HIGH HEDGES – Advice and Guidance.
The right hedge can be an ideal garden boundary and help to bring in new wildlife to your garden, but the wrong hedge can cause you, or your neighbours, unwanted impacts such as subsidence and loss of light.
As of 1 June 2005 the Council has powers to become involved if the height of a hedge is causing you concern. The following information provides a guide to what you need to do, and what the Council can do for you, should a high hedge cause you concern.
The Council can only become involved after you have attempted to find a solution with your neighbour. Evidence to show that attempts have been made must be detailed in your application.
If you need further information then please contact the Compliance Officer within the Compliance and Appeals Team email: firstname.lastname@example.org or tel 01256 845265
What powers do the Council have to help me?
Part 8 of the Anti-social Behaviour Act comes into force from 1 June 2005 which enables the Council to become involved in judging if the ‘reasonable enjoyment’ of your property is being adversely affected by the height of a high hedge. This in most cases will be where a hedge is creating a loss of light to your property.
The council can be involved if:
- your attempts to find a solution with your neighbour has failed;
- you are the current owner or occupier of a domestic property;
- the hedge is a semi evergreen or evergreen hedge;
- the hedge when measured from the ground is more than 2 metres high;
- the concern about the hedge relates to the height of the hedge;
The Council cannot become involved if the hedge is causing you concern about subsidence or other matters not related to the height of the hedge.
The Council cannot ask for the hedge to be removed altogether, nor can it insist that the hedge is cut down below 2 metres. The Council cannot give you powers to cut your neighbour's hedge.
How can I engage my neighbour in reducing the height of their hedge?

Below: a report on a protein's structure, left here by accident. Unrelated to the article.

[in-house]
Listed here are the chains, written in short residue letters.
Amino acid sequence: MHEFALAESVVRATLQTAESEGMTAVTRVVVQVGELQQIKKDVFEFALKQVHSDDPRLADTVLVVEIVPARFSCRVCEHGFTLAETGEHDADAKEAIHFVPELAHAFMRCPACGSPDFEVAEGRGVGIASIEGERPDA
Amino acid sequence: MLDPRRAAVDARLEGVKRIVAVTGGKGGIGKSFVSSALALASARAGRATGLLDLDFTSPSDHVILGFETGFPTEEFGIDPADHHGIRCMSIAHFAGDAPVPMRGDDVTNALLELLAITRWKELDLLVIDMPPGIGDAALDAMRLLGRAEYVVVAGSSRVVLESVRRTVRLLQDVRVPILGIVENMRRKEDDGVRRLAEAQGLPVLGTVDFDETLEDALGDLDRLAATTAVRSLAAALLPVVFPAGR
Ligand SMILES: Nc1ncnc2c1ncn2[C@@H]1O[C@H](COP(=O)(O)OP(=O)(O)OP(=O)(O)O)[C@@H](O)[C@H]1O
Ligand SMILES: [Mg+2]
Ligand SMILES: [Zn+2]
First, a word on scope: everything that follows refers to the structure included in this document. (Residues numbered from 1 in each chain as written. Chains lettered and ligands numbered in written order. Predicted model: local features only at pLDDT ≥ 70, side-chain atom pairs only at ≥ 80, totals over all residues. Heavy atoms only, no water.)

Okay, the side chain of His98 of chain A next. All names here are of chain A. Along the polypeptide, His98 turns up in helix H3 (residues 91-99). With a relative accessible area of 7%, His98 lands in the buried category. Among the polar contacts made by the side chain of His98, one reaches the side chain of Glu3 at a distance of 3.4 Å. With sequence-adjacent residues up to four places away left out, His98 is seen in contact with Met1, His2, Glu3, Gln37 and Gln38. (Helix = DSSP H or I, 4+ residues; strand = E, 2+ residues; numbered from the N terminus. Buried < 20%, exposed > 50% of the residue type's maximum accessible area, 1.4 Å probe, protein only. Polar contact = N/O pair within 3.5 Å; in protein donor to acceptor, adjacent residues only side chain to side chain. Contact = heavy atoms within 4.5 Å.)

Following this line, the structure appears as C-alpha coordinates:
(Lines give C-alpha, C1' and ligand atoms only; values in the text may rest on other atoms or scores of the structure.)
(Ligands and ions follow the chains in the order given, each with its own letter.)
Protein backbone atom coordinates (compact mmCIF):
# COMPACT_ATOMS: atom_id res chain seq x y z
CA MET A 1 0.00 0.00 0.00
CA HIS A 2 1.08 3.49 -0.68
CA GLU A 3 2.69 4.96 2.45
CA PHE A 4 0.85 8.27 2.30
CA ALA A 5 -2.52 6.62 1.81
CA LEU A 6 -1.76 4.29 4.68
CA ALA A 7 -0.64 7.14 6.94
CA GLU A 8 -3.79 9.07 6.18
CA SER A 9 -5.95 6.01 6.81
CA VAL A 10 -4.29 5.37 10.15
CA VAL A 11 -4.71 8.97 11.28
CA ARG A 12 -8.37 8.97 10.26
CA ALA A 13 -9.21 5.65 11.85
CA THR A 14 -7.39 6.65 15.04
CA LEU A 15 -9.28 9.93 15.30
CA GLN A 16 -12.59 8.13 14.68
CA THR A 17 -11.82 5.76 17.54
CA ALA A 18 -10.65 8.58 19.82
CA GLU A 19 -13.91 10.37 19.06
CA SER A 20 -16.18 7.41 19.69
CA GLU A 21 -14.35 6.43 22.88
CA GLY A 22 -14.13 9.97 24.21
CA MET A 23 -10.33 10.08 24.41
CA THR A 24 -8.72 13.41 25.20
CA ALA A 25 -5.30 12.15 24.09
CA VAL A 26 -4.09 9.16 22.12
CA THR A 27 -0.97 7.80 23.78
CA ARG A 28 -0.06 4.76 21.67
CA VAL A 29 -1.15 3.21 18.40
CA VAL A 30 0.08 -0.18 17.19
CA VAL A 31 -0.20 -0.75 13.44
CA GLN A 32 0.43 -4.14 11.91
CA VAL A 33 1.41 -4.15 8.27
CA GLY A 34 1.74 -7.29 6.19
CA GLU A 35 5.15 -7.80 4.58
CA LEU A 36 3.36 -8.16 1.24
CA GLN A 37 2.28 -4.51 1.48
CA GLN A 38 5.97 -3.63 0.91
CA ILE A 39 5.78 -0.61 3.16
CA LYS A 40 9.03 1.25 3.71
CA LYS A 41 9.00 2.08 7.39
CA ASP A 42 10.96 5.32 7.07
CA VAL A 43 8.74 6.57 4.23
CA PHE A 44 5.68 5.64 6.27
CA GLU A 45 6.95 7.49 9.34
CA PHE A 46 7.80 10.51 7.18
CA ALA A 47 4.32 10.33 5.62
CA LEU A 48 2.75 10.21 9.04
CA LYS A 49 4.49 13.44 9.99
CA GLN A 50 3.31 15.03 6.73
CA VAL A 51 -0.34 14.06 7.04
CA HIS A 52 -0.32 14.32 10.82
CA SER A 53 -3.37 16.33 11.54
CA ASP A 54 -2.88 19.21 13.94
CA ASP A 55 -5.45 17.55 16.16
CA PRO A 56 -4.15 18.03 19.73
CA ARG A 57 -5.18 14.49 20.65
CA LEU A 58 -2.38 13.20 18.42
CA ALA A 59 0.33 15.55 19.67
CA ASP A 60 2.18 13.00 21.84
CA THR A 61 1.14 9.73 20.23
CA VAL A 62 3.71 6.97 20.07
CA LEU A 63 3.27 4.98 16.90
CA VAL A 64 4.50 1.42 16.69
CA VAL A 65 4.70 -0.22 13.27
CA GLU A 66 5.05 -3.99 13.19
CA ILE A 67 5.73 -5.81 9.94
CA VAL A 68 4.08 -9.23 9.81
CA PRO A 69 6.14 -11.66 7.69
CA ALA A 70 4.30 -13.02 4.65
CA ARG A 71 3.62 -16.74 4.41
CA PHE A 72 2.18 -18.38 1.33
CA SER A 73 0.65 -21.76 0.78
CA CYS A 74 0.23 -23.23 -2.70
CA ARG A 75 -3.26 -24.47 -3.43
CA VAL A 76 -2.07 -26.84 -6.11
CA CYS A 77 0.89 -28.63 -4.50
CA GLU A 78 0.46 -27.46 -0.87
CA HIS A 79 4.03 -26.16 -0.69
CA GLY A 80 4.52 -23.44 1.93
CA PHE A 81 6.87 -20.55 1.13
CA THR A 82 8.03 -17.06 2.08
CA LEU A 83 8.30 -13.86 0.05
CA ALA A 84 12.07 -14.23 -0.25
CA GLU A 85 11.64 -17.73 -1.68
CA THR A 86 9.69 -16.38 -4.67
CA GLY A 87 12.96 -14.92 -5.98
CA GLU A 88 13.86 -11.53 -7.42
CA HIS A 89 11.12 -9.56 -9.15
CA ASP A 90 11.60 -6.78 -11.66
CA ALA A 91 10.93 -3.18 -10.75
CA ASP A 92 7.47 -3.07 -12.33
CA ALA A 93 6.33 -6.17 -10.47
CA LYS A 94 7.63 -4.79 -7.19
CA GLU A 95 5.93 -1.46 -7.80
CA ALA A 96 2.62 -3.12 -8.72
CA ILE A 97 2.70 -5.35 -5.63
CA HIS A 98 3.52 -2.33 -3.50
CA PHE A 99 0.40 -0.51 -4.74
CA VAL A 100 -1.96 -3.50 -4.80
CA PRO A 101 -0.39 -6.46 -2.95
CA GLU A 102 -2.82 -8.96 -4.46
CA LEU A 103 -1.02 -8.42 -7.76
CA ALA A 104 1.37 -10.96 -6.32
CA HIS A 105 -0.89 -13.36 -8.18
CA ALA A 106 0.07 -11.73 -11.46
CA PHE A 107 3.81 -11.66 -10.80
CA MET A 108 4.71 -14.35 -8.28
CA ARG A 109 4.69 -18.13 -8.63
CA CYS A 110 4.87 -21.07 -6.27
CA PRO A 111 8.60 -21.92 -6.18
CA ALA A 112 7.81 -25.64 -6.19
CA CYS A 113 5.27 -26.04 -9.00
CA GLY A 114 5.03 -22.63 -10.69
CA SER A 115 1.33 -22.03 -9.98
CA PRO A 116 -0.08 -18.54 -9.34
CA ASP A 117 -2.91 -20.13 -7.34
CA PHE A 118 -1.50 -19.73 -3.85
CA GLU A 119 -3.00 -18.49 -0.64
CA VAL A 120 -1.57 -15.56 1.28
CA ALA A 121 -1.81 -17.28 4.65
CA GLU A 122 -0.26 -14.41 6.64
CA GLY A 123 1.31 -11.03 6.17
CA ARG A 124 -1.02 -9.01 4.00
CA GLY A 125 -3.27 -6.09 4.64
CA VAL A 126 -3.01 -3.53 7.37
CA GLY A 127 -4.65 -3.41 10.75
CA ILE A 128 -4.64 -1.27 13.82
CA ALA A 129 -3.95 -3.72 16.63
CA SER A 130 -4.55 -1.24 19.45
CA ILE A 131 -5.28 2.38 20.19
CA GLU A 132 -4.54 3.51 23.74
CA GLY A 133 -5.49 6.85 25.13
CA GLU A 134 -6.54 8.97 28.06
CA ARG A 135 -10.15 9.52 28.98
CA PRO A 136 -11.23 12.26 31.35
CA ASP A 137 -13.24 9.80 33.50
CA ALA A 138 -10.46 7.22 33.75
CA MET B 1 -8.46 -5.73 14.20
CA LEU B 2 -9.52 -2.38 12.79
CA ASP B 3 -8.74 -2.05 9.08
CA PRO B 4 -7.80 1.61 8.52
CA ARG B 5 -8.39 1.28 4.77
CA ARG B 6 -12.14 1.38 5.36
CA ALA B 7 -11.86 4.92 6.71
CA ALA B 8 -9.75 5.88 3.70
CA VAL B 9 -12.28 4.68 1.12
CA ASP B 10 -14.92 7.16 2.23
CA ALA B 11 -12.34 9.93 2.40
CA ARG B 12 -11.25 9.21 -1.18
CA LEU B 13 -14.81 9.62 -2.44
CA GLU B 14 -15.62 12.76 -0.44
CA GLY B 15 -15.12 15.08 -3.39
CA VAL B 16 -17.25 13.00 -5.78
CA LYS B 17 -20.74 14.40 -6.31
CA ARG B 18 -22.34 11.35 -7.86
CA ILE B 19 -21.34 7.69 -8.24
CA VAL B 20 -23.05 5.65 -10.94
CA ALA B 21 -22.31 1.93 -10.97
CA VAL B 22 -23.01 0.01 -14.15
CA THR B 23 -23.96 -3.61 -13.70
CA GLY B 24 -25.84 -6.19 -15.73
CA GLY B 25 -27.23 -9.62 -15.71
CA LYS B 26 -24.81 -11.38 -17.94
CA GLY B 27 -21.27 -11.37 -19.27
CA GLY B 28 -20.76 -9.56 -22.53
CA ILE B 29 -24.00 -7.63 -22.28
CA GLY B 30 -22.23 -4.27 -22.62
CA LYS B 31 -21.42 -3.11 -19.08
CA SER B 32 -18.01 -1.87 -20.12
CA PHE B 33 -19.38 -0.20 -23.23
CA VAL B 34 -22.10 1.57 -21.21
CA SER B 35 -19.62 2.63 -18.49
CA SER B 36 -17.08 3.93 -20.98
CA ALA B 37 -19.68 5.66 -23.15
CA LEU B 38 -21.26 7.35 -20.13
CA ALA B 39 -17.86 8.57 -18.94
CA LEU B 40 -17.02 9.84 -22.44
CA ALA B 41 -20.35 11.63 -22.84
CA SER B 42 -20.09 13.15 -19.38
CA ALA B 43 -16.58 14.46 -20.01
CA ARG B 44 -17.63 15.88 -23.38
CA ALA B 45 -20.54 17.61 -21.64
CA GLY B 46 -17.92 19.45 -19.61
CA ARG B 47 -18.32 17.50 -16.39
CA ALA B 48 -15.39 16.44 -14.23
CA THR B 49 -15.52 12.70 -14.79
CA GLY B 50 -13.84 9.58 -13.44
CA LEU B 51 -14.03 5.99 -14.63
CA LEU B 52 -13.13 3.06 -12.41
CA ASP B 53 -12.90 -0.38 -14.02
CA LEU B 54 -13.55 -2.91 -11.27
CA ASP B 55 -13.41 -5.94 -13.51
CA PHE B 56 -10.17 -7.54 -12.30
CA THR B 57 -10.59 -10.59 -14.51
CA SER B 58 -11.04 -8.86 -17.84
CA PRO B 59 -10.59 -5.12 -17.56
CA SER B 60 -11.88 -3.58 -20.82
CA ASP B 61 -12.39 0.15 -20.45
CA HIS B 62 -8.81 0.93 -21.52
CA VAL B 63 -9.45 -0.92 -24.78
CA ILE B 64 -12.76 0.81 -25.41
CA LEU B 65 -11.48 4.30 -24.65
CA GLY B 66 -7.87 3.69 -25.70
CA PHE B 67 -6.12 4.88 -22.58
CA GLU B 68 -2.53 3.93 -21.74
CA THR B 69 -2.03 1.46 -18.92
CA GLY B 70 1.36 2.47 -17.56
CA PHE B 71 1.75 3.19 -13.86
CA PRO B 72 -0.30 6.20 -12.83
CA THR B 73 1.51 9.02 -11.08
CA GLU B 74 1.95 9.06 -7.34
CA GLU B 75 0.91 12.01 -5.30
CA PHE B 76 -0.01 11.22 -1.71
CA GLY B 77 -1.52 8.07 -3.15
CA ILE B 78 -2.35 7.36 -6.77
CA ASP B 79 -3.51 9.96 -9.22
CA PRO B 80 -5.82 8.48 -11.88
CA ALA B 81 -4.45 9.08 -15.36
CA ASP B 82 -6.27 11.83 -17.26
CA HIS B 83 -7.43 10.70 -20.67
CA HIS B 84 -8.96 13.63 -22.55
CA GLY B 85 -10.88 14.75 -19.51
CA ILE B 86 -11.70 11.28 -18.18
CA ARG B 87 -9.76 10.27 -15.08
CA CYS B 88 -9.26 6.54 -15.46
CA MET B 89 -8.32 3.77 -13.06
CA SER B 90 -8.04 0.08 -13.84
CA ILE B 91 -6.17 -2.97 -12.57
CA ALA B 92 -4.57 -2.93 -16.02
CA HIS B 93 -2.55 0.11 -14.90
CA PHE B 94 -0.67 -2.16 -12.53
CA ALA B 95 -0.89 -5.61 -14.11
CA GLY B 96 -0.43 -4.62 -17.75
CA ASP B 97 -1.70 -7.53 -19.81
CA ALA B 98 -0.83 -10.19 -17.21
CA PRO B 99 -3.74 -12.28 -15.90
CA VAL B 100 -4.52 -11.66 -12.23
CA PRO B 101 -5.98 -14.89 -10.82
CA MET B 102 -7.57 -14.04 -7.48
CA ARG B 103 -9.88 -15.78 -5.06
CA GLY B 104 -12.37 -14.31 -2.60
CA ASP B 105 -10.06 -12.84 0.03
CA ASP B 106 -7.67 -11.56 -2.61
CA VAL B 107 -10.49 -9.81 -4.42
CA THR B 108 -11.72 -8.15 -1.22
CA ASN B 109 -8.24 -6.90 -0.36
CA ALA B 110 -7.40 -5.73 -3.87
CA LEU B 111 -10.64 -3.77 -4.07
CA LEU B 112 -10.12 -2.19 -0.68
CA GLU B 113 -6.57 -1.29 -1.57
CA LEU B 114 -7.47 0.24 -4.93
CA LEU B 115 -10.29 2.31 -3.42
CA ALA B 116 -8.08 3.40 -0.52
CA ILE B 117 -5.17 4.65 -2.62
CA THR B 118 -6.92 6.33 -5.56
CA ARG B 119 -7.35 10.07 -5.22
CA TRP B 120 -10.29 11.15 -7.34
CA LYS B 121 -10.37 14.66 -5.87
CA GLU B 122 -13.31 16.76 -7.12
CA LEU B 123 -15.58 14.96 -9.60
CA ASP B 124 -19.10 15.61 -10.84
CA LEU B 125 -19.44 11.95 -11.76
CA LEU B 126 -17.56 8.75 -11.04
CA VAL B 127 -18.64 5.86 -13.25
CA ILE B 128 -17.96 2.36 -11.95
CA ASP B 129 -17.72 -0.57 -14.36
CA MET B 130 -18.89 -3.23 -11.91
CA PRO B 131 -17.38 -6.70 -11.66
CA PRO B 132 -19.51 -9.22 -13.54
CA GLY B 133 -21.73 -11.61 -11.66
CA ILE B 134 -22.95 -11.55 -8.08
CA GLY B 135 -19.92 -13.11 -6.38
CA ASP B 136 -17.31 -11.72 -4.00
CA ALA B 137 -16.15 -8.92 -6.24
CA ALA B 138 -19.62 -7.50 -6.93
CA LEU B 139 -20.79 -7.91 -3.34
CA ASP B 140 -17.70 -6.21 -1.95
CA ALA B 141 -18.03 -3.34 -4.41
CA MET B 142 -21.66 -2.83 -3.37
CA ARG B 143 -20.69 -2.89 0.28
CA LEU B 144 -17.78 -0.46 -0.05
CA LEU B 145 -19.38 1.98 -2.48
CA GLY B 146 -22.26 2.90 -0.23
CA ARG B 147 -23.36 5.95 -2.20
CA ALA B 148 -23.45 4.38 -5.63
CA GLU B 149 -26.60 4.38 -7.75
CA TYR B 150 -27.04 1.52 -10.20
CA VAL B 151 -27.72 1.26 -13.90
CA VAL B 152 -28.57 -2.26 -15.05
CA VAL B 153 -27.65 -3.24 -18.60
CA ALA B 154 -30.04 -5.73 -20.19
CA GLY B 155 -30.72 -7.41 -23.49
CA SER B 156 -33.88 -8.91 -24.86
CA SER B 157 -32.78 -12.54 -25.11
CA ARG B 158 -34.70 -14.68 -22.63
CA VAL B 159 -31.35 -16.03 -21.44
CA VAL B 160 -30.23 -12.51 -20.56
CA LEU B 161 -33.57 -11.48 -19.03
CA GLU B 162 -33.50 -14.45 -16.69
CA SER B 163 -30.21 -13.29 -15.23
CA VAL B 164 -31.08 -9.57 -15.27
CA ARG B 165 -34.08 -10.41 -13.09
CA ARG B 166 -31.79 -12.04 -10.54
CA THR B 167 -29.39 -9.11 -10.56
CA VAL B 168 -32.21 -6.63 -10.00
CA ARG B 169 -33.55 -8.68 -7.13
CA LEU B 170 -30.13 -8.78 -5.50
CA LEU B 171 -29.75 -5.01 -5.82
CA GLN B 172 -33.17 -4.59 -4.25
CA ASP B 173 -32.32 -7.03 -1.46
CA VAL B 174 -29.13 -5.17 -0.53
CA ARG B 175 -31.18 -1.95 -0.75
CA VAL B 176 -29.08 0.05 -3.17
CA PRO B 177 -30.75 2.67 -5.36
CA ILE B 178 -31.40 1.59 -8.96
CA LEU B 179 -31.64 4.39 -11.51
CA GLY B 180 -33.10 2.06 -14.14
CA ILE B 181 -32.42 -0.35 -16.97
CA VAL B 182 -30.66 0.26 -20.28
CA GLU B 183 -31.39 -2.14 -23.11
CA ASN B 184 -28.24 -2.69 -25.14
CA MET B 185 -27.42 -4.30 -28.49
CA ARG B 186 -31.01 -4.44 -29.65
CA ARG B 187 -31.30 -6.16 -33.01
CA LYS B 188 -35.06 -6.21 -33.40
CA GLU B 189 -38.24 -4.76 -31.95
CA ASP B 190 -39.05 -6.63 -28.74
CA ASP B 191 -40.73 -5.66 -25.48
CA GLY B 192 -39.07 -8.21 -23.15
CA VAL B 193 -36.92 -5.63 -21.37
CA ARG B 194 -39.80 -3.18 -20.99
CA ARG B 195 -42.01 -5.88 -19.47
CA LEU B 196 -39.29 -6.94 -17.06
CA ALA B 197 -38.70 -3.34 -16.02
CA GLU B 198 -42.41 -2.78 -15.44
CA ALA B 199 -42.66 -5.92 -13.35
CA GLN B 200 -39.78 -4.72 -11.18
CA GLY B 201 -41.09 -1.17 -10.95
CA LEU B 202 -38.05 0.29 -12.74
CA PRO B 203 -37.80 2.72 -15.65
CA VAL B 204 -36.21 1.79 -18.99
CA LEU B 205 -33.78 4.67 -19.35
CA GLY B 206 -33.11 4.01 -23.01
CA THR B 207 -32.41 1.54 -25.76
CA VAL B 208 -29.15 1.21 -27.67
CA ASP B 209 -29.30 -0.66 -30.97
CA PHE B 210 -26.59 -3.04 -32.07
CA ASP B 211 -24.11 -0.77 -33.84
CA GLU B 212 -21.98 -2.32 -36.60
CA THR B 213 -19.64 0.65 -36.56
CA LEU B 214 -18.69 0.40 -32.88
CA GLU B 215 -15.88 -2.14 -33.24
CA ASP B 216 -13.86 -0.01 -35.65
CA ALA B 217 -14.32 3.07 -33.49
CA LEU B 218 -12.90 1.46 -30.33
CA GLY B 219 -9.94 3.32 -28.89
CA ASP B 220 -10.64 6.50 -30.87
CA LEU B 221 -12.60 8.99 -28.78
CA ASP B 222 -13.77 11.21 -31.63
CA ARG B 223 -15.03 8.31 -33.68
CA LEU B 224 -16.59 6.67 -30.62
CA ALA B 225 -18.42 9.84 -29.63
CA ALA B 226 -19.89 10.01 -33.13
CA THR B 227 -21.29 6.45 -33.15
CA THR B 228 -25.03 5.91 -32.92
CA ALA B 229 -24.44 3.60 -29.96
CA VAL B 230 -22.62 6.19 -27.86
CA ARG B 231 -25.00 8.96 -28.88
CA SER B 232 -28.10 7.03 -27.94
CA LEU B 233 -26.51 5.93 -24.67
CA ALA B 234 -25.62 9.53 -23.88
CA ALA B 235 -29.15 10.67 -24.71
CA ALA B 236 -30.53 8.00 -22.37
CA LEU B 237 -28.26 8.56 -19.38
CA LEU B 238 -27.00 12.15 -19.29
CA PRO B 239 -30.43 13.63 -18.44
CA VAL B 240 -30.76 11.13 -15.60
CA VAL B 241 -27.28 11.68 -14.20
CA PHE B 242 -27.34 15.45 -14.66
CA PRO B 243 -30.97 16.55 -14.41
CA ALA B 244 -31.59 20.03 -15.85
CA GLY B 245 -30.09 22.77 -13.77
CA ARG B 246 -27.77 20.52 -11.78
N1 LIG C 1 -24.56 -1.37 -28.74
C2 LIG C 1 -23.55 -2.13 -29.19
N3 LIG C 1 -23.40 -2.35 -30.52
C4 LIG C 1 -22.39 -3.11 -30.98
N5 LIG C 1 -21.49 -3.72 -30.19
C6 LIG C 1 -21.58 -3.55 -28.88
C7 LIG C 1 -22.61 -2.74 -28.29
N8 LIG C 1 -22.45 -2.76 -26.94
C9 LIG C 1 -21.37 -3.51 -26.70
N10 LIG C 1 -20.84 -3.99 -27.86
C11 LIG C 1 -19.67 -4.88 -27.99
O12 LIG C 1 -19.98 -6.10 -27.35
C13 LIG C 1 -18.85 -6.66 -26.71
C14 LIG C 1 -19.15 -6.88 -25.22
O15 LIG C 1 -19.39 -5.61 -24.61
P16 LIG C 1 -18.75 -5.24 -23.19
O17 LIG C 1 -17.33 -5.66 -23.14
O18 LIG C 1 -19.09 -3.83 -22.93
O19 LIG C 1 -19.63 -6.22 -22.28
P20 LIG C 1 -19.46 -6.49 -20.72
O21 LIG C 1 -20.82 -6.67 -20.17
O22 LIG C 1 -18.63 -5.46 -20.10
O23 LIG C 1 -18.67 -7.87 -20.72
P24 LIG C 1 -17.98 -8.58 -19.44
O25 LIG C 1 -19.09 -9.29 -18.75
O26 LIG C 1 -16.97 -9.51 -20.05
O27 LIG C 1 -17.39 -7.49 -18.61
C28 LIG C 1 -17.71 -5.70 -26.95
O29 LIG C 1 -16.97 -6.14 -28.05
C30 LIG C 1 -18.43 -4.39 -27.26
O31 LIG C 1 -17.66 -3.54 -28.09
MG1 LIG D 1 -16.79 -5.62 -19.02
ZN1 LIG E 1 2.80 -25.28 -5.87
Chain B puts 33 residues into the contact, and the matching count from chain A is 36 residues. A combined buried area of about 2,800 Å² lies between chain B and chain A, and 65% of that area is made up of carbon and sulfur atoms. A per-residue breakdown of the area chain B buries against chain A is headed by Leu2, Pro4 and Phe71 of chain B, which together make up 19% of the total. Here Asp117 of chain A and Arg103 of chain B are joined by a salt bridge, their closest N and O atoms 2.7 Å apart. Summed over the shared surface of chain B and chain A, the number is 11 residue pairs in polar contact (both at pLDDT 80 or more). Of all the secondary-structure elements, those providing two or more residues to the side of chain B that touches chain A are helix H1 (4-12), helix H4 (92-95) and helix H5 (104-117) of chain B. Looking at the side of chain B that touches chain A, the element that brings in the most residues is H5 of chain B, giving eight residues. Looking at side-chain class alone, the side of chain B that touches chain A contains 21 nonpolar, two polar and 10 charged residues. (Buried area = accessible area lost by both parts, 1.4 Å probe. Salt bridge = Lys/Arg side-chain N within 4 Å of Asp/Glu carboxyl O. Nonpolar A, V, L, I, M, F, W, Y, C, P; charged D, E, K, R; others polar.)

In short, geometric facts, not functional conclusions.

The leaflet titled ‘Over the garden hedge’ is helpful in setting out these measures and in summary you should:
- Be clear in your own mind as to what the problem is and how it affects you;
- Be certain about what you want and what would overcome the concerns you have;
- Approach your neighbour directly and face to face and give them a chance to think about your concerns;
- You could invite them to your home to help them understand the impact;
- If you feel that you cannot speak to your neighbour then consider a letter which focuses on the facts and does not dwell on previous failures to maintain the hedge;
- If your neighbour refuses to discuss the matter then consider an independent mediator. Mediators will not tell you what to do but help you and your neighbour to find an answer. Both you and your neighbour must co-operate in this process for it to be a success. Details on how to contact a mediator are given below;
- Accept that finding a right answer may be difficult and be ready to consider all ideas and suggestions – think about the options before you pick one that suits you both; and
- Once you have found your answer then make sure you are both clear about what you are meant to do and when – perhaps writing this down would help.
What do I need to do before I make a formal complaint to the Council?